“I appreciate the fact that you are here with us. That you remember us.”
- Community leader in Playa Azul, Chiapas, Mexico
As I flew home from a 12-day medical mission with Minnesota Doctors for People to the State of Chiapas in southern Mexico, I was taking notes in my journal on what I’d learned, people and things I wanted to remember and aspirations for how I wanted to be and act after the trip. I filled pages, but was not really satisfied with what I was writing.
The morning after my Monday evening return from Mexico, I was taking my son Max to school. In the car, he was watching the video I took of the closing comments of one community leader in Playa Azul where we had held two days of clinic. When I heard the leader on the video say again: “I appreciate the fact that you are here with us. That you remember us;” I suddenly realized the purpose of our mission for me: memory.
The purpose is to remember people and circumstances and what we shared together, to form a memory and to not forget. First, there is the basic human need to want to be remembered and not forgotten. Also, we are to be reminded of the fact that everything – everything – including the most dire living circumstance or the most comfortable hotel bed, the malnourished patient and the delicious meal, the patient whose illness will soon claim her life and the young girl whose life will be saved because of medical treatment, sobs from depression and raucous laughter – everything is to be taken seriously and given meaning in the context of the most cherished memory which is the memory of the knowledge, the certain feeling that God’s gaze is on me. Without that memory, suffering is a tragedy, poverty is intolerable, illness is totally incurable, and death is final and unredeemable.
I understand why I wanted to consciously remember faces, to remember what people said. I wanted to remember their hugs before leaving clinic or their relief at learning a diagnosis. It was important to me to not forget their stories of walking to the clinic, of coffee harvests lost to a coffee tree plague, of not having money to go to a follow-up appointment or buy medicine. To remember their casual and sincere references to God’s presence in their life: “I can’t see well when I try to read the holy Word of God;” or “I want to thank the Blessed Virgin and thank God for your help;” or all of the phrases that translate to some variation on “God willing…”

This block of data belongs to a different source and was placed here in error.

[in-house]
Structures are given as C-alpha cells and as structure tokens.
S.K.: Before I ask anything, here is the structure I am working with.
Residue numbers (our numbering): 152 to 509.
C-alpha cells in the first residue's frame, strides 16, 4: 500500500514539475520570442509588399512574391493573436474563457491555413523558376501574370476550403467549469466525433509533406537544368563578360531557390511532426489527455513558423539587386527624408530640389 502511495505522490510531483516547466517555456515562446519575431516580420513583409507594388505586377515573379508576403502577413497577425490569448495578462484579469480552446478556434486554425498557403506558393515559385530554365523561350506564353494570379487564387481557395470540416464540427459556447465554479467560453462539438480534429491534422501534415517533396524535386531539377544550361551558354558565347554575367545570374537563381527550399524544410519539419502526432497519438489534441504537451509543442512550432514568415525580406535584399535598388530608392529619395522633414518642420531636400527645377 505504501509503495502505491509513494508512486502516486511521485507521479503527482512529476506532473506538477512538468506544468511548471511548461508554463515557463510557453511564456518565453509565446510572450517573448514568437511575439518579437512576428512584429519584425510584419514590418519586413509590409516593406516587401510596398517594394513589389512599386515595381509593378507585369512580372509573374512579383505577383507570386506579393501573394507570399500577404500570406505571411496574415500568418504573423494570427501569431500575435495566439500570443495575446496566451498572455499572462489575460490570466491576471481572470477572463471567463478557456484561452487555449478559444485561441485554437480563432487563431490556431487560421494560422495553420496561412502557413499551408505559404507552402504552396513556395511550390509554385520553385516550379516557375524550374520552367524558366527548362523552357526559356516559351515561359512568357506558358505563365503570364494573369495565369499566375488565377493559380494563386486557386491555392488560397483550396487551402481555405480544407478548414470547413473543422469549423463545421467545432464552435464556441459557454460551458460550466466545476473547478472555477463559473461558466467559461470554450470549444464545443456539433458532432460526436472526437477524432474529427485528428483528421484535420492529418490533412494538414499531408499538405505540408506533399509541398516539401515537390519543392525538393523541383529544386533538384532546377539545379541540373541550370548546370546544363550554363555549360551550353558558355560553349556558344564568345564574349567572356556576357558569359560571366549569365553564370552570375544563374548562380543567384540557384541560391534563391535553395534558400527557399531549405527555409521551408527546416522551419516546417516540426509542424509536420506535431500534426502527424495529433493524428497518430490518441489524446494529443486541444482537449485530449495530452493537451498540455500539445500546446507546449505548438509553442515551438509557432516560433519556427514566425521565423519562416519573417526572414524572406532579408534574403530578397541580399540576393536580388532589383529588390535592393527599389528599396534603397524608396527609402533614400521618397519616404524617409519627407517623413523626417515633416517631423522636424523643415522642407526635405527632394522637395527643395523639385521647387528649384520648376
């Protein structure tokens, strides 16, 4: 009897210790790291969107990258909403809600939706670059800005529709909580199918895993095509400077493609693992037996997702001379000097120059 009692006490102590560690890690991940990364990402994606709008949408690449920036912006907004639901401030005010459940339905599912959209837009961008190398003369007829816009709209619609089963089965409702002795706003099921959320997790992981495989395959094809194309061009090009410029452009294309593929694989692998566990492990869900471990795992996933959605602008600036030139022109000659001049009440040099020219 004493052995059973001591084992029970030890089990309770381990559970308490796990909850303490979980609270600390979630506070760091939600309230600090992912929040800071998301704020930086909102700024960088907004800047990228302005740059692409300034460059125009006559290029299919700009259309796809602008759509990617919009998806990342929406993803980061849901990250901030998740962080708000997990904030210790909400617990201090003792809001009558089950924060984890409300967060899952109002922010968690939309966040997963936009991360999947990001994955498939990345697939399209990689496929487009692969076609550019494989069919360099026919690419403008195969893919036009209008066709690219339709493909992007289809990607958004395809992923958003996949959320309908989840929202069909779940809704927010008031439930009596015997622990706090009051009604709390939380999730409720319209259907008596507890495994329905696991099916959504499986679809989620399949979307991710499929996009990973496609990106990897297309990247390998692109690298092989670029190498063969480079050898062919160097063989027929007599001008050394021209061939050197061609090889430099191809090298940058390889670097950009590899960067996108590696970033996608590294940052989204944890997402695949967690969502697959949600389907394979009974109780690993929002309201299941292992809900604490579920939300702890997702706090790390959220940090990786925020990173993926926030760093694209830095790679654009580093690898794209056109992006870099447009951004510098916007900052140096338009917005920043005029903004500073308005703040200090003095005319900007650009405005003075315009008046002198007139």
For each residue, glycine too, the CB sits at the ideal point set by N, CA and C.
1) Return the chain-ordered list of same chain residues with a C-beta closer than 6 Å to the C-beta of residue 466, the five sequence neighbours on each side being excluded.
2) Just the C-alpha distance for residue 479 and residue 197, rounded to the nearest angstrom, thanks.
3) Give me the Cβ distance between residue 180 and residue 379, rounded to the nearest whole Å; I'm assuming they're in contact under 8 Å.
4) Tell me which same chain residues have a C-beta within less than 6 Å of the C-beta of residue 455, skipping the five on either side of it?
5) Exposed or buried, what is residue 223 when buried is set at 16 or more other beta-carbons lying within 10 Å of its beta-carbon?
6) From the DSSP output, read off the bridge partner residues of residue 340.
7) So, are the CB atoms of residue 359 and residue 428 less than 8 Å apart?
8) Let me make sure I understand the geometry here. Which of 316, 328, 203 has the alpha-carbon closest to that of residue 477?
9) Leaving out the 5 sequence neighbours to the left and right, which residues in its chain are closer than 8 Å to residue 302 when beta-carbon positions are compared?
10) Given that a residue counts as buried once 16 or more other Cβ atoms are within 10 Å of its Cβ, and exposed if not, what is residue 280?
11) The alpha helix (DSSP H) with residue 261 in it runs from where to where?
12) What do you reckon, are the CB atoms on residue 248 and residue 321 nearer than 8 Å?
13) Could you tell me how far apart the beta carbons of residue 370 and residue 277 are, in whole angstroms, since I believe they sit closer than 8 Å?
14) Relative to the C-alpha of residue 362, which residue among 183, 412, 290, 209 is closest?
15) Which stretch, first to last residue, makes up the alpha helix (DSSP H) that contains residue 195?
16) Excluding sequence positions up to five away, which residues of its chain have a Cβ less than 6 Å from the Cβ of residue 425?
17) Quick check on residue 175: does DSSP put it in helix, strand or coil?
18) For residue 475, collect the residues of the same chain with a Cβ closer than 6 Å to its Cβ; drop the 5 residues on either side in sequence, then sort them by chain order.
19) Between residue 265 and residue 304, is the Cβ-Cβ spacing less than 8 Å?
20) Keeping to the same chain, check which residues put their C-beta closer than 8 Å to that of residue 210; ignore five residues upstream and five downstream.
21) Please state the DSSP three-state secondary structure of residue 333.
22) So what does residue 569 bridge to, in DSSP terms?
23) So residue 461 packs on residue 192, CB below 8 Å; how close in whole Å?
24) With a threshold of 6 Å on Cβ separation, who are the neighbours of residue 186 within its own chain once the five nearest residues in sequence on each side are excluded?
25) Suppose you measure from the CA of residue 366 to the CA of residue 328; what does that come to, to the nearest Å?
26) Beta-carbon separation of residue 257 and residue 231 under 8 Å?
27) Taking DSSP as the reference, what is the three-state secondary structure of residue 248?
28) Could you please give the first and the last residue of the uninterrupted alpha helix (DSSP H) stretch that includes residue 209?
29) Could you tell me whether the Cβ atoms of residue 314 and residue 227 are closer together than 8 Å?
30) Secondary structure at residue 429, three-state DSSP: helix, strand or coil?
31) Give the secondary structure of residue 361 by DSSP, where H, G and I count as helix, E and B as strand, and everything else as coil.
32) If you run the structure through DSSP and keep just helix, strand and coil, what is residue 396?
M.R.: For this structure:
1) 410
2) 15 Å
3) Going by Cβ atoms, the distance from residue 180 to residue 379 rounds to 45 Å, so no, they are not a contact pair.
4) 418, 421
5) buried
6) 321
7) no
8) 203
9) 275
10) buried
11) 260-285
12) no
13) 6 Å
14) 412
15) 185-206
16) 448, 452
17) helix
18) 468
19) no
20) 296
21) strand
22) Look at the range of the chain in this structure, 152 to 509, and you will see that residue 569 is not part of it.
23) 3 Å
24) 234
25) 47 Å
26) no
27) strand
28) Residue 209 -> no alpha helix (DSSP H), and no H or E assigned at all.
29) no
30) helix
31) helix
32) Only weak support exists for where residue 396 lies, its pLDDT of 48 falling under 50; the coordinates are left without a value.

Our task is to not forget. The Italian priest Father Luigi Giussani said: “Memory is the spiritual organ that sees in things their real nature. Memory is an event that happens now.”
The November 2017 Chiapas trip is not a time-bound event that began on November 2 and ended on November 13. The memory of the people, of the experience, is there for us if we insist on not losing any piece of it. But it is not enough to simply remember specific, stand-out emotional moments. Rather, I need to step back and look at the full impact of the experience. I need to remember how I was first given the opportunity to participate. I need to remember those at home who made it possible to take the trip. Th experience also includes the way I felt sharing my gratitude with the rest of the team in the van at the end of a day of clinic and my eager anticipation to hear the reflections of others on the day.
This is the memory that allows me to see clearly the work of Providence in my life, which is the real nature of things. To see the involvement of Christ offering to me people and circumstances for my good. It is this memory that allows me to return to my work in a comfortable office in a prosperous suburb with a new perspective of humility and gratitude. It allows me to live with my family with a renewed appreciation.
The memory of the tenth medical mission of Minnesota Doctors for People in November 2017 is available now, to be recalled with gratitude and to allow me to see my present reality for the gift it is and allows me to live these circumstances with an intensity and awareness which is enhanced by the experience of the medical mission.
Remembering in this way, I can assure the community leader in Playa Azul that I do, in fact, remember them.